I recently did our family budget for 2013. We’re middle class. We have a very good life and want for nothing. We’ve got braces, we take vacations, we drive good automobiles, we eat out occasionally, we have a 401K, and we have a roof. Well, it’s leaking in spots, but you know what I’m saying. Anyway, after doing the budget, I’ve concluded that the idea of a middle class family saving any kind of money today, without serious sacrifice, is pure folly.

The American Dream has changed. Somewhere between ‘The Great Gatsby’ and ‘The Audacity of Hope’ – we’ve been conditioned to sell out to the point where we don’t have time with our family as we try to earn as much money as possible and hope that one spouse can make enough so that the other takes care of the family. Or, we can simply live as well as we can and try to survive – and hope that things work out in the end. We chose the latter strategy. This, my friends, is the machine. And for people who don’t come from money, there’s very little hope of ever escaping.

I can hear you now, “But Americans are just too gluttonous.” And you’re right. We are. The temptation to go into debt for that $800 90″ LED TV from Walmart, because Walmart buys its goods from nations that pay its people four dollars a day, is just too good to pass up. But here’s the deal – my family lives fairly modestly. We’ve carry little debt. We have a two-bedroom home in an urban area. We’ve got one television. Our kids attend public school. You get the picture. Both me and my wife have great jobs and are respected professionals. But we’re not 80-hour a week people anymore. We tried that track, and determined that the sacrifice is too great. Nonetheless, we do ok. And yet, if at the end of the year we manage to save enough money for a single semester at an overpriced university for just one of our daughters – we’ll be fortunate. Sure, we could choose to live simpler. We could sell our house and move into a trailer down by the river and eat pork-and-beans every night and eventually save enough money for the kids to attend college, and for use to retire. Maybe. But this idea is just as ridiculous as gluttony.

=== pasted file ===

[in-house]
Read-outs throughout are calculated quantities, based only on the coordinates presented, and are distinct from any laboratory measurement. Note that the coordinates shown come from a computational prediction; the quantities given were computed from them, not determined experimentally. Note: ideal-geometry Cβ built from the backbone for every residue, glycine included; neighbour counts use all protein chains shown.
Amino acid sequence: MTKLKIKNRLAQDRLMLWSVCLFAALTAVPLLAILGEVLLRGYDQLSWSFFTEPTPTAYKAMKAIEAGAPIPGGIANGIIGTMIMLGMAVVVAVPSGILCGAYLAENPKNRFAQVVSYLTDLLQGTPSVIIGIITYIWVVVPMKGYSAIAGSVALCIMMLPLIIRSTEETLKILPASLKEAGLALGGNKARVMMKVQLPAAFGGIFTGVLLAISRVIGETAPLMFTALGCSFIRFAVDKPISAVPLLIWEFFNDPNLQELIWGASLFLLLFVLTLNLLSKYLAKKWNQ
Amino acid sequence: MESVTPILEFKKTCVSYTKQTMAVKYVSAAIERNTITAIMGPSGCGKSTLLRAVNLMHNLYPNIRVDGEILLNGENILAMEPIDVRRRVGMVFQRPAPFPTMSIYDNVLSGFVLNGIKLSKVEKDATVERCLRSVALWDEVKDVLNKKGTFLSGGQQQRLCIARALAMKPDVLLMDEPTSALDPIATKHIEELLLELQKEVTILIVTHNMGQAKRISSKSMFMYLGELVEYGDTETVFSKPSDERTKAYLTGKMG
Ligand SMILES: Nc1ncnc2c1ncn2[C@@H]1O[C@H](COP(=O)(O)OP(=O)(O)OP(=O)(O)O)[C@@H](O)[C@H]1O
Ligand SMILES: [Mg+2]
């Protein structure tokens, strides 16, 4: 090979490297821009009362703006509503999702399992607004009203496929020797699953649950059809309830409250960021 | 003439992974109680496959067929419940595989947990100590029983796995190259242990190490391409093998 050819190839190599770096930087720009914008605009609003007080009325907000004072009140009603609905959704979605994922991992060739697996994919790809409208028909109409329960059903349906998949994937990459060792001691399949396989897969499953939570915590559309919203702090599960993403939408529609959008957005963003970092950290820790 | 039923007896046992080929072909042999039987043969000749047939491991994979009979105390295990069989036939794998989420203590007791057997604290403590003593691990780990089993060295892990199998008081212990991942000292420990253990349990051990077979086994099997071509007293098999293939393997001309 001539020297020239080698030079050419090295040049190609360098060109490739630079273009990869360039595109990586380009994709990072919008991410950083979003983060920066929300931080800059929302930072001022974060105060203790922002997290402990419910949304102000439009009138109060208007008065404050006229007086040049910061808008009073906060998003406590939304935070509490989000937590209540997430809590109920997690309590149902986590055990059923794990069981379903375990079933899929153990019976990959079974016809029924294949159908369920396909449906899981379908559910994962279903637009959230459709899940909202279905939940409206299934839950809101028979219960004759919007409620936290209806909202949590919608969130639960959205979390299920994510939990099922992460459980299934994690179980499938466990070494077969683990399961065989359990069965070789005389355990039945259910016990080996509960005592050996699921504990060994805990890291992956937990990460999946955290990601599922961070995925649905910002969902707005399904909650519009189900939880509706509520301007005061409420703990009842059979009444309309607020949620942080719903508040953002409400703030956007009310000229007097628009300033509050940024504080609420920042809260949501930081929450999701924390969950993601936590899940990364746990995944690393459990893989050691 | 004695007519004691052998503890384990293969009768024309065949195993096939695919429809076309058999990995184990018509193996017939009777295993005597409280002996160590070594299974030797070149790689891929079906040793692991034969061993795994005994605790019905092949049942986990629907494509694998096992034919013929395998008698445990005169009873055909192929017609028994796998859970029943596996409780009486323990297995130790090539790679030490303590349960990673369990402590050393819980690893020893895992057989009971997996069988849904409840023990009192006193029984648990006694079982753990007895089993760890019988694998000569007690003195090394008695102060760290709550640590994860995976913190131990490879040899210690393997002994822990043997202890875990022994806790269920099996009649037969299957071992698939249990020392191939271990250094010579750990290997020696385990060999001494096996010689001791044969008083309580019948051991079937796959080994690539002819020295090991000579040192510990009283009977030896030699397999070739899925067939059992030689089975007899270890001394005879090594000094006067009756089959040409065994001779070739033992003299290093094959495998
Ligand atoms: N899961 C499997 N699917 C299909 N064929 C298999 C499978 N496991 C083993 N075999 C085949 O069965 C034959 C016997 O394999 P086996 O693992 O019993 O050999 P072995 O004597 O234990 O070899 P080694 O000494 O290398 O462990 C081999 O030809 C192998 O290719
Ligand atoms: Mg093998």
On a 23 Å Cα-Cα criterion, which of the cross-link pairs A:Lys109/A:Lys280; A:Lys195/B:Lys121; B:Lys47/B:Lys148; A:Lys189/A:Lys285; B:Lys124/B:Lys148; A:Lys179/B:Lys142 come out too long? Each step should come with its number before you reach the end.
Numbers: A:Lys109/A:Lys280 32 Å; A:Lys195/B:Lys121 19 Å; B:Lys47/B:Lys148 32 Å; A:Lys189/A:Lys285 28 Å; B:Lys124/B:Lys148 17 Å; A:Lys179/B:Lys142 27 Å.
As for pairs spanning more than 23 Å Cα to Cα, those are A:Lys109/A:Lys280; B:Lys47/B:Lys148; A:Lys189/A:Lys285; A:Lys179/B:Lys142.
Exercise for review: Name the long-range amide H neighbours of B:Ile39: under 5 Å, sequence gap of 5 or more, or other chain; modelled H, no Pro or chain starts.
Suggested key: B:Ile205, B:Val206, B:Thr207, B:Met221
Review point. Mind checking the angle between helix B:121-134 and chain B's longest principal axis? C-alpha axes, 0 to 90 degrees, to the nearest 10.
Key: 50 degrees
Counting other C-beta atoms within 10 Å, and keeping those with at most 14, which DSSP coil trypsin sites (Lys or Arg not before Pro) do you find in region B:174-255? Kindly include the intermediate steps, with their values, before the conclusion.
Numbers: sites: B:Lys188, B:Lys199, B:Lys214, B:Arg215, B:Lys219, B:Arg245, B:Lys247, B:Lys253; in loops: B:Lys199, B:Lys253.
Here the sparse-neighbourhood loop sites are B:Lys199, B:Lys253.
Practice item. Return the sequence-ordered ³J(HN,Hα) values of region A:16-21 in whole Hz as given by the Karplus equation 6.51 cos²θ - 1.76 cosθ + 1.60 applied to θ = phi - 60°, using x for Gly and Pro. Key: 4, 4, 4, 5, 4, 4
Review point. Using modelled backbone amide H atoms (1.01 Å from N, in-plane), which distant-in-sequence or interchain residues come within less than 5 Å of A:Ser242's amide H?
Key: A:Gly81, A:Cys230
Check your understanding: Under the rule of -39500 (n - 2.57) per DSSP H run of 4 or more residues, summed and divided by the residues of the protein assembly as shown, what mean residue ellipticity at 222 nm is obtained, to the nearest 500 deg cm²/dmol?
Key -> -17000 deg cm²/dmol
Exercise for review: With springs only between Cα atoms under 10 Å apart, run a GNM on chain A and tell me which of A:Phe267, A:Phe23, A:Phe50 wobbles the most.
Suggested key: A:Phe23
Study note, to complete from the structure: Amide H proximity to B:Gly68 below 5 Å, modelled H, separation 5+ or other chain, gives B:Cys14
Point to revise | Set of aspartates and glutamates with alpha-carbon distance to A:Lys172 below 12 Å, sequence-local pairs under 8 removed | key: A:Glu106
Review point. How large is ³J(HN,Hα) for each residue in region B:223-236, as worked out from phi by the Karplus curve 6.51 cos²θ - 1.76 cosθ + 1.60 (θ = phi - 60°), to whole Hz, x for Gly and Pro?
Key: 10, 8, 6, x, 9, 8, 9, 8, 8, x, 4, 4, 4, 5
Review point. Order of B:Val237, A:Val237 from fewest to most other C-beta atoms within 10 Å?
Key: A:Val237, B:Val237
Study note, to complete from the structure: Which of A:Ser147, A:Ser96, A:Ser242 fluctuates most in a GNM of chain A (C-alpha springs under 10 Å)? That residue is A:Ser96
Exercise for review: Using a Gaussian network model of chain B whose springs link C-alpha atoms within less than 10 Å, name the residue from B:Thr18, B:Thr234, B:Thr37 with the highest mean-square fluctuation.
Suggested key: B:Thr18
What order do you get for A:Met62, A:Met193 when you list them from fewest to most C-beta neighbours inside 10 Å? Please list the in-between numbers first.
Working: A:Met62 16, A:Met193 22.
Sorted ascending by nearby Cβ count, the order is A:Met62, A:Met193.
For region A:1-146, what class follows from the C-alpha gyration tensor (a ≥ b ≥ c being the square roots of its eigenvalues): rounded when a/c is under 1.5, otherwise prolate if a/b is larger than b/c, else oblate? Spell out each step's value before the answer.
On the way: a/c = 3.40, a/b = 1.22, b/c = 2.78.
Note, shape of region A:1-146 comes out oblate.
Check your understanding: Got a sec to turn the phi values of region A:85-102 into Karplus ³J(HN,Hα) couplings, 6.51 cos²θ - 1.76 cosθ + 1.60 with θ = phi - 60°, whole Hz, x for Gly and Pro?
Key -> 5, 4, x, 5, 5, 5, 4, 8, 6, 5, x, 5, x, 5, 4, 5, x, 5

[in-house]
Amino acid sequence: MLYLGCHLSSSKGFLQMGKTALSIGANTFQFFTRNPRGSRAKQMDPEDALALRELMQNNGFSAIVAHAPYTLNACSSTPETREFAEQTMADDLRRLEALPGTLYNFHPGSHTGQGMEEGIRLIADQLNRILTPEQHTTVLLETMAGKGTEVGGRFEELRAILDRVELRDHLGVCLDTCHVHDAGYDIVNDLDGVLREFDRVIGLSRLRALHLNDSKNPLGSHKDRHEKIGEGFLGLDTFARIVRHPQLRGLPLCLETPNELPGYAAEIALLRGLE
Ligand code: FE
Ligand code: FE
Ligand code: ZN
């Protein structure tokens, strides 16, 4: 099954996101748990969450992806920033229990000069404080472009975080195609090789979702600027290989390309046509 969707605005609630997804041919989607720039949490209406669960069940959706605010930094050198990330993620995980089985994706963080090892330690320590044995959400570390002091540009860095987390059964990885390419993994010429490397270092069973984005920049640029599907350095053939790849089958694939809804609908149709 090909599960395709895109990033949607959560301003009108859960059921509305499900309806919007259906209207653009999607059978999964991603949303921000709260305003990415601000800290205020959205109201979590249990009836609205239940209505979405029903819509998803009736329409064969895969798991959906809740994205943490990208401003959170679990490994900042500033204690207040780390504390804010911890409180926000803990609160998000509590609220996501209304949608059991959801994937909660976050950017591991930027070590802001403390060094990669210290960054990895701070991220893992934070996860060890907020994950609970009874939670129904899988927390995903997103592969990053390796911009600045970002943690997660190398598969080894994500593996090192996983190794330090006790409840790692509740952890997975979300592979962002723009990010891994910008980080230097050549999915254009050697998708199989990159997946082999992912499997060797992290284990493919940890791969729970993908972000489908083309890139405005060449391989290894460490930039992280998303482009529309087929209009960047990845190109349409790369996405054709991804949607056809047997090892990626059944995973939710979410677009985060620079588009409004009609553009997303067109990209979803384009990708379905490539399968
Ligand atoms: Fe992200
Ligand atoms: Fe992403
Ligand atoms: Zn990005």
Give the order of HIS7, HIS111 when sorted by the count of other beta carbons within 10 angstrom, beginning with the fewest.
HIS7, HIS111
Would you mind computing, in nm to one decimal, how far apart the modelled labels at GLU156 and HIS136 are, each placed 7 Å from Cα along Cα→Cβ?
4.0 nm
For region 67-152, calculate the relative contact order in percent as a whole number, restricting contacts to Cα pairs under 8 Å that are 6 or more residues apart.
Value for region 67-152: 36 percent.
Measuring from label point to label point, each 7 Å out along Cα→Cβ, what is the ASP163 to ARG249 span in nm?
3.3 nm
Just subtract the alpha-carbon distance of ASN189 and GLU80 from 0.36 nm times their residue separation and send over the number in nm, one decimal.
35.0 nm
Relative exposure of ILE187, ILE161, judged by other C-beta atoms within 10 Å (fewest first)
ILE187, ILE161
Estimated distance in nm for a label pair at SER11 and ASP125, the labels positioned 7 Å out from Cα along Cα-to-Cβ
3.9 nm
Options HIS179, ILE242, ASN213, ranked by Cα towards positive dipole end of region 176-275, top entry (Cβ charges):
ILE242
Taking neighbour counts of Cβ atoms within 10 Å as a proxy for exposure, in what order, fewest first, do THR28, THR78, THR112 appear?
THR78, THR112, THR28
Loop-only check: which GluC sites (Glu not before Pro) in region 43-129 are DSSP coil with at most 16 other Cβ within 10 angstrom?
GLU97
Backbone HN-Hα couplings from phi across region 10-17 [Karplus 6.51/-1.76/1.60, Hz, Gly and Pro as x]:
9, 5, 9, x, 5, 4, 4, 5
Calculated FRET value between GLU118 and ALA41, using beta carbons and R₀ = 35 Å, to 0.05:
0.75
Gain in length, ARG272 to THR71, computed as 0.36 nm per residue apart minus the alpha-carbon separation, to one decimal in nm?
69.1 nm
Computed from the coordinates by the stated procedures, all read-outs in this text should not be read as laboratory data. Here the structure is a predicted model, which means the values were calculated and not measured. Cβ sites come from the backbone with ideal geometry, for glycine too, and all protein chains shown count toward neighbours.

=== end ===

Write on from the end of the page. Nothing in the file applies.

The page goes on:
Yes, the American Dream has changed. It now demands blood.

Some people buy lottery tickets. Some people rob banks. The rest of us just don blinders and set the alarm. Grateful for little moments of joy, a steady paycheck, and for the fact that we don’t live in Congo.



Jim Mitchem


The Last Day
Unrefined: A Night at the Opera

Jim Mitchem

Writer. Father to daughters. Husband. Ad man. Raised by wolves. @jmitchem on twitter. First novel, Minor King, out now.